Sumner, to the effect that I must fall back to my first position. Knowing General Smith's disposition to strengthen me and to make a movement in this direction, I sent a message by Lieutenant Crane, of General Smith's staff, stating that I ought to be re-enforced, and after some time received a reply through Lieutenant Crane that I must fall back to my first position, and that I could not be re-enforced on account of movements on the left.
I then sent Lieutenant Farquhar, of the Engineers, back to represent to General Sumner my position, with a view of showing the disadvantage of falling back at that time and giving up the advantages we had already secured, for which we might have to fight again the next day in order to recover, besides the bad impression if would make on my troops, and the inspiriting effect it would have upon the enemy, who were then engaged in a furious contest with our troops in front of Fort Magruder. I directed Mr. Farquhar to inform General Sumner that I would obey the order to fall back if no answer should arrive when a reasonable time had elapsed. While I was awaiting a reply to this message the crisis of the battle in front of Fort Magruder appeared to have arrived, and in order to furnish all the assistance possible our battery threw percussion shell into that fort. The artillery also fired into all the re-enforcements and caissons passing into Fort Magruder at and before this time. This annoyed the enemy so much that he finally brought out one or two pieces of artillery and turned them upon our advanced line, exploding shell within the line of our skirmishers, and in one instance reaching our battery. Previously the enemy had thrown round shot into the battery, killing and wounding some of our men. Our artillery was superior in efficiency to theirs, and the enemy, perceiving this, ceased firing. In the mean time I had two pieces disabled, one from carelessness in placing the shell in the piece in an improper position, and the other from its being fired at an elevation so great that the axle was broken.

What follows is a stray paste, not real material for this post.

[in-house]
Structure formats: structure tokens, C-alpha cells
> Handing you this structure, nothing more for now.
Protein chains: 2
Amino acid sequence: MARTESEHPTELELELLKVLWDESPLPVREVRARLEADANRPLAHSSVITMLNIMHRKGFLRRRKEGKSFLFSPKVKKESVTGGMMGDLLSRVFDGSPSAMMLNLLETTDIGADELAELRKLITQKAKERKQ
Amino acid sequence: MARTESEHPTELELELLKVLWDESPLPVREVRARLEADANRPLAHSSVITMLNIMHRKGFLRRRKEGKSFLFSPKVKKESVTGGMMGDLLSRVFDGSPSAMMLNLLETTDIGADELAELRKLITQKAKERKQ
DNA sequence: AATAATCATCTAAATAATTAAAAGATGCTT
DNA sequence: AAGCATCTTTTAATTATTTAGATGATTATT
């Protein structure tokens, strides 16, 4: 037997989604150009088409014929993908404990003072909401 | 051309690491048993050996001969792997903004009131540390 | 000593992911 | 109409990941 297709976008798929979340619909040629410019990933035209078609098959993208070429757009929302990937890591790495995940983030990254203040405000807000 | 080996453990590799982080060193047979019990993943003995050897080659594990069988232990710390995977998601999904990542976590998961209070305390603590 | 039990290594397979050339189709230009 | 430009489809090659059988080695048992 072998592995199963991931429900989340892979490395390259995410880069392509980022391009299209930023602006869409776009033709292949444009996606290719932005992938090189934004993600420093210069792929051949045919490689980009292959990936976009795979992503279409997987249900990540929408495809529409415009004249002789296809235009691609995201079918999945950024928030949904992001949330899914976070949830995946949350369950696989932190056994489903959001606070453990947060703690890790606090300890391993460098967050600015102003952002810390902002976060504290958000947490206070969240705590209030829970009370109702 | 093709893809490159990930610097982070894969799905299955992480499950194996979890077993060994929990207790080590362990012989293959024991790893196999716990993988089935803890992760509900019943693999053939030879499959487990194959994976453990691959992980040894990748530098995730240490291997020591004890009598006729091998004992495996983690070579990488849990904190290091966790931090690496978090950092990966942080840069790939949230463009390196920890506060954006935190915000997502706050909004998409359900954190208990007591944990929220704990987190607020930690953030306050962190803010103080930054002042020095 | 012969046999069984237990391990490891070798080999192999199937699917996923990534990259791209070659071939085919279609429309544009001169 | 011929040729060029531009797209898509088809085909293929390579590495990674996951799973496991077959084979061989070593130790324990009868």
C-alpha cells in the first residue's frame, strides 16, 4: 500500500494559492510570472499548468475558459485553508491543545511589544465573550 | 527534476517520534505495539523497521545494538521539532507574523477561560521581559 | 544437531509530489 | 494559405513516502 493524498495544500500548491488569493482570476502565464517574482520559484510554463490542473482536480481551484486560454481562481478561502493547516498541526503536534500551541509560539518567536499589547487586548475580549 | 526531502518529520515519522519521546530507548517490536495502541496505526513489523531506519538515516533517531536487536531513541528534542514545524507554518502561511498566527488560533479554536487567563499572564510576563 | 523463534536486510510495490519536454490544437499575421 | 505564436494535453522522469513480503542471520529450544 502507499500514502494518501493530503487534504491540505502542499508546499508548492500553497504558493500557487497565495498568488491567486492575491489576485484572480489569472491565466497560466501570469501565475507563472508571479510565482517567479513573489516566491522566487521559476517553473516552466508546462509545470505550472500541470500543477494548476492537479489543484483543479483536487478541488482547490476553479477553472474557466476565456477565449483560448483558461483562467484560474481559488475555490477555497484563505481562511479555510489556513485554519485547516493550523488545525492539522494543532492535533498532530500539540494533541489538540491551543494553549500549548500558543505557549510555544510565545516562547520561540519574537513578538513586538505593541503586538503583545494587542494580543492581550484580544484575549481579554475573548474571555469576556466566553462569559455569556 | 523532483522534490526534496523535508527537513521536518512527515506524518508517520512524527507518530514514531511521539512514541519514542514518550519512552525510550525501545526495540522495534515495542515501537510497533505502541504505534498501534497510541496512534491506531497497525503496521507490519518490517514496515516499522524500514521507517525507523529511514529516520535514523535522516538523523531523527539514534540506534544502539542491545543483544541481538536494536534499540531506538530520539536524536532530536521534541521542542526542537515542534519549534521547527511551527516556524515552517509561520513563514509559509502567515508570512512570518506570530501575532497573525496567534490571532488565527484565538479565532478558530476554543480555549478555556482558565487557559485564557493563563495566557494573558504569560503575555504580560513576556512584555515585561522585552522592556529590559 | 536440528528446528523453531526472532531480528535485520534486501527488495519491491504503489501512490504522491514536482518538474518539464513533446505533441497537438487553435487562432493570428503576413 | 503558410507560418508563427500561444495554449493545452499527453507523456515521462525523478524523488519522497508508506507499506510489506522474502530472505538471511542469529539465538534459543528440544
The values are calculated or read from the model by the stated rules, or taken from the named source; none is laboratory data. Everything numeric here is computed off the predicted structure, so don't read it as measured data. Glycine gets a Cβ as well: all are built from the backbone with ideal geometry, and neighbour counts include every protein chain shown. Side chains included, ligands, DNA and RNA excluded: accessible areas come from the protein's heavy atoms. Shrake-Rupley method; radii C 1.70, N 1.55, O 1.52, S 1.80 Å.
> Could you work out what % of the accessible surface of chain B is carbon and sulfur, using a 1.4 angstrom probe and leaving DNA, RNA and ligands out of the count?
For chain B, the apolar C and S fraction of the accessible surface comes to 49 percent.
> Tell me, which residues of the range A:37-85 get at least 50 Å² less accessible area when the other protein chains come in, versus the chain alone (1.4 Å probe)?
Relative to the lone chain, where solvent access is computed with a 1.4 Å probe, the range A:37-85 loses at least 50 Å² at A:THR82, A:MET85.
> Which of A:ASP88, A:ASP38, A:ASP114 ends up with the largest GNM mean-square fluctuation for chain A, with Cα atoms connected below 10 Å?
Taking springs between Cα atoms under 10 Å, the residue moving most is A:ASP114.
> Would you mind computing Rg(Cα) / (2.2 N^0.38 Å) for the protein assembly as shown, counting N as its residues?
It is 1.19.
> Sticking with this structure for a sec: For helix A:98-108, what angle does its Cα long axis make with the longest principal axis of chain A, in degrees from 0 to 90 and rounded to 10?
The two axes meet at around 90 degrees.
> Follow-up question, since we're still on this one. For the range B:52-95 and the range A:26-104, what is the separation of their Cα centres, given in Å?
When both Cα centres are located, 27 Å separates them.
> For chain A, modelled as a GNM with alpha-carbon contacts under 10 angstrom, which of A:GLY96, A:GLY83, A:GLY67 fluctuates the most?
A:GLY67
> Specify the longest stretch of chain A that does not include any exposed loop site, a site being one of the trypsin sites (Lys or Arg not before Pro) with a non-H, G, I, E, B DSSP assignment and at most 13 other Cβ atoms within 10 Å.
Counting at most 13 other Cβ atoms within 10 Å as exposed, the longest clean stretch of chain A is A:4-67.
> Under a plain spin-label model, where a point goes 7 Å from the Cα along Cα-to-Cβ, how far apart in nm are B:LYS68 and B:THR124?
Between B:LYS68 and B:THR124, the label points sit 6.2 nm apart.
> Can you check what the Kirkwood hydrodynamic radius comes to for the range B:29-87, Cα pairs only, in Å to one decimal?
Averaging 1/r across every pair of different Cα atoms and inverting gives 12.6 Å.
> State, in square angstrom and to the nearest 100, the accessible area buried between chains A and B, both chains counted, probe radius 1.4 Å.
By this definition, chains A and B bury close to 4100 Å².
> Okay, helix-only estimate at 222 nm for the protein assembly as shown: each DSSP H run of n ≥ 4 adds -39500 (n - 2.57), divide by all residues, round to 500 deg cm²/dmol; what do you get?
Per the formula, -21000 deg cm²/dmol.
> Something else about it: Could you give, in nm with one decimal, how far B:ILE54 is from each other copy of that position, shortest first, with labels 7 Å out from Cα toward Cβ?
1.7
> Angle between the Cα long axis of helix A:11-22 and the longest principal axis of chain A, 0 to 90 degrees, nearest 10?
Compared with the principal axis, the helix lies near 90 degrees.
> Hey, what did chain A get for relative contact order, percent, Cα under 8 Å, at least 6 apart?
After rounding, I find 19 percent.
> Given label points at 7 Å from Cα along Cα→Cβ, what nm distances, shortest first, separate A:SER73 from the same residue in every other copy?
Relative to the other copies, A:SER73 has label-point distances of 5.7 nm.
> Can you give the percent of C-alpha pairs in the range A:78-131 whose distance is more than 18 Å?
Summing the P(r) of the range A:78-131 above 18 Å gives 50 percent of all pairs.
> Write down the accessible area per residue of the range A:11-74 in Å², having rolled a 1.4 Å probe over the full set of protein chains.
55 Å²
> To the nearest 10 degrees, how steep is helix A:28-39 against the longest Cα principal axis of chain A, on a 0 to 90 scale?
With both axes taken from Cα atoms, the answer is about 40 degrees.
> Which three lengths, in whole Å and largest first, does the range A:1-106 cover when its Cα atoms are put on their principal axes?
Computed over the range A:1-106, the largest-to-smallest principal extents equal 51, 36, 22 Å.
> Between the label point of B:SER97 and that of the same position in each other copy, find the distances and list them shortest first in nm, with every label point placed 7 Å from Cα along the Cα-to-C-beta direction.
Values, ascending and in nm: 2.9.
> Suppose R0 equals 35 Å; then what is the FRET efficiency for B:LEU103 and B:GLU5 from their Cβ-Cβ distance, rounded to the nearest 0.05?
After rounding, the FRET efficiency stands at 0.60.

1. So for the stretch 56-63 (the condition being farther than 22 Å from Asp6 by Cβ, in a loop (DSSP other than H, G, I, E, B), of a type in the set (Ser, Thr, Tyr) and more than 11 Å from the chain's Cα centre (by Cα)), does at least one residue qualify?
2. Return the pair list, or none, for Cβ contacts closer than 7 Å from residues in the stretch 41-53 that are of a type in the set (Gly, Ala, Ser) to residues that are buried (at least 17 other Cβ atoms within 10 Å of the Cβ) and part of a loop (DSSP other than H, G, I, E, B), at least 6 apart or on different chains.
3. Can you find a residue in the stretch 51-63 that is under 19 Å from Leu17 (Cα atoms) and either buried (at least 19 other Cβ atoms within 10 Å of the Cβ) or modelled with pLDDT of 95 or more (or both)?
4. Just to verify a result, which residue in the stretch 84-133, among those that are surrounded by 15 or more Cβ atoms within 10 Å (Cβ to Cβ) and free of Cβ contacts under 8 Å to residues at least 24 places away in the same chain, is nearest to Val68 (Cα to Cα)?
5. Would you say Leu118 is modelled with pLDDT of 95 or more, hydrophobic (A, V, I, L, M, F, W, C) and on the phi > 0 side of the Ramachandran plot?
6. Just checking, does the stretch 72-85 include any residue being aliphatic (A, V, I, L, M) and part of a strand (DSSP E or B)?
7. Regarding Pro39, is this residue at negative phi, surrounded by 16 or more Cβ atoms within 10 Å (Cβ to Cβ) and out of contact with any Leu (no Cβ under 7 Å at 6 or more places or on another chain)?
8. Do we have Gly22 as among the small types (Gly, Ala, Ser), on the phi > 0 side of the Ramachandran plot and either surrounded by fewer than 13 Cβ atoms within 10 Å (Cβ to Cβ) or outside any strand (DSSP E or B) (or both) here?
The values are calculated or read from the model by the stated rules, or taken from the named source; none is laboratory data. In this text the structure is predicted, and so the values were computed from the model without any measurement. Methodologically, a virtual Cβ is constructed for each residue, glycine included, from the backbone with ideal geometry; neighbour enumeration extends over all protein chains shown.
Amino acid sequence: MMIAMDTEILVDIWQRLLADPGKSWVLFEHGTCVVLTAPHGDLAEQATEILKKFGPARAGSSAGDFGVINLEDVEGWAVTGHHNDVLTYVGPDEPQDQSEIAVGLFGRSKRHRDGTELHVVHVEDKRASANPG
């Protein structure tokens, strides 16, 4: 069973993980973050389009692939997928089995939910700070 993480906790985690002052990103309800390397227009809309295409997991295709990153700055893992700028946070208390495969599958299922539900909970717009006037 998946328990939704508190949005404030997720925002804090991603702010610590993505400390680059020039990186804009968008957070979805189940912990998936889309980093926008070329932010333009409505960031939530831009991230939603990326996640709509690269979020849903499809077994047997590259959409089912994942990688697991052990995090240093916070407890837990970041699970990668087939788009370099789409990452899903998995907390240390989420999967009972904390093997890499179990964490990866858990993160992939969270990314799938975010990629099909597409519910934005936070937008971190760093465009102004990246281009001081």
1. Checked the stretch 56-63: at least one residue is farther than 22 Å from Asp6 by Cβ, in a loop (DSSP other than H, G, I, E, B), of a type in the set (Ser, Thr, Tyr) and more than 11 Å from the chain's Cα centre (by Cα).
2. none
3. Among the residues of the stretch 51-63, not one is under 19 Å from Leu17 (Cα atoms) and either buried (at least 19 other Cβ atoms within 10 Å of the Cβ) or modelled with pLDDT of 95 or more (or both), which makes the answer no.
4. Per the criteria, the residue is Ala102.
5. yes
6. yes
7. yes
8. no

Affairs remaining in this position, and Lieutenant Farquhar not having returned, at 4.20 p.m. I addressed a written communication to General Smith, stating that I would wait a reasonable time to get an answer from General Sumner before falling back. I awaited an answer to this communication till 5.10 o'clock p.m. The clouds had become very heavy over us and the rain was drenching the troops. I concluded to make my dispositions for the night. I was just giving my orders to fall back and occupy the crest on which the redoubt was situated, as a preparatory movement to a further withdrawal, hoping, however, that I might yet receive re-enforcements before I was fully prepared to make a final movement to the rear. I trusted that the thickness of the weather would prevent the enemy from observing that I was retiring, and had delayed for some little time with that object in view.
Just at this moment I observed that the enemy were throwing infantry into the redoubts on my front and that my skirmishers were firing on them. I immediately apprehended danger. A column of the enemy's cavalry now came out from behind a point of the woods near the redoubt to the right. The skirmishers kept up a constant fire upon this cavalry, doing good execution, at about 400 yards distance. Observing these movements, I immediately dispatched a staff officer to General Smith to notify him of the state of affairs. The enemy still persisting in their attempts to form, preparatory to a charge on my artillery, I ordered some shell to be thrown into them, and then directed the artillery to retire rapidly, piece by piece, to my second line. About this time I was informed that a regiment of the enemy had gone into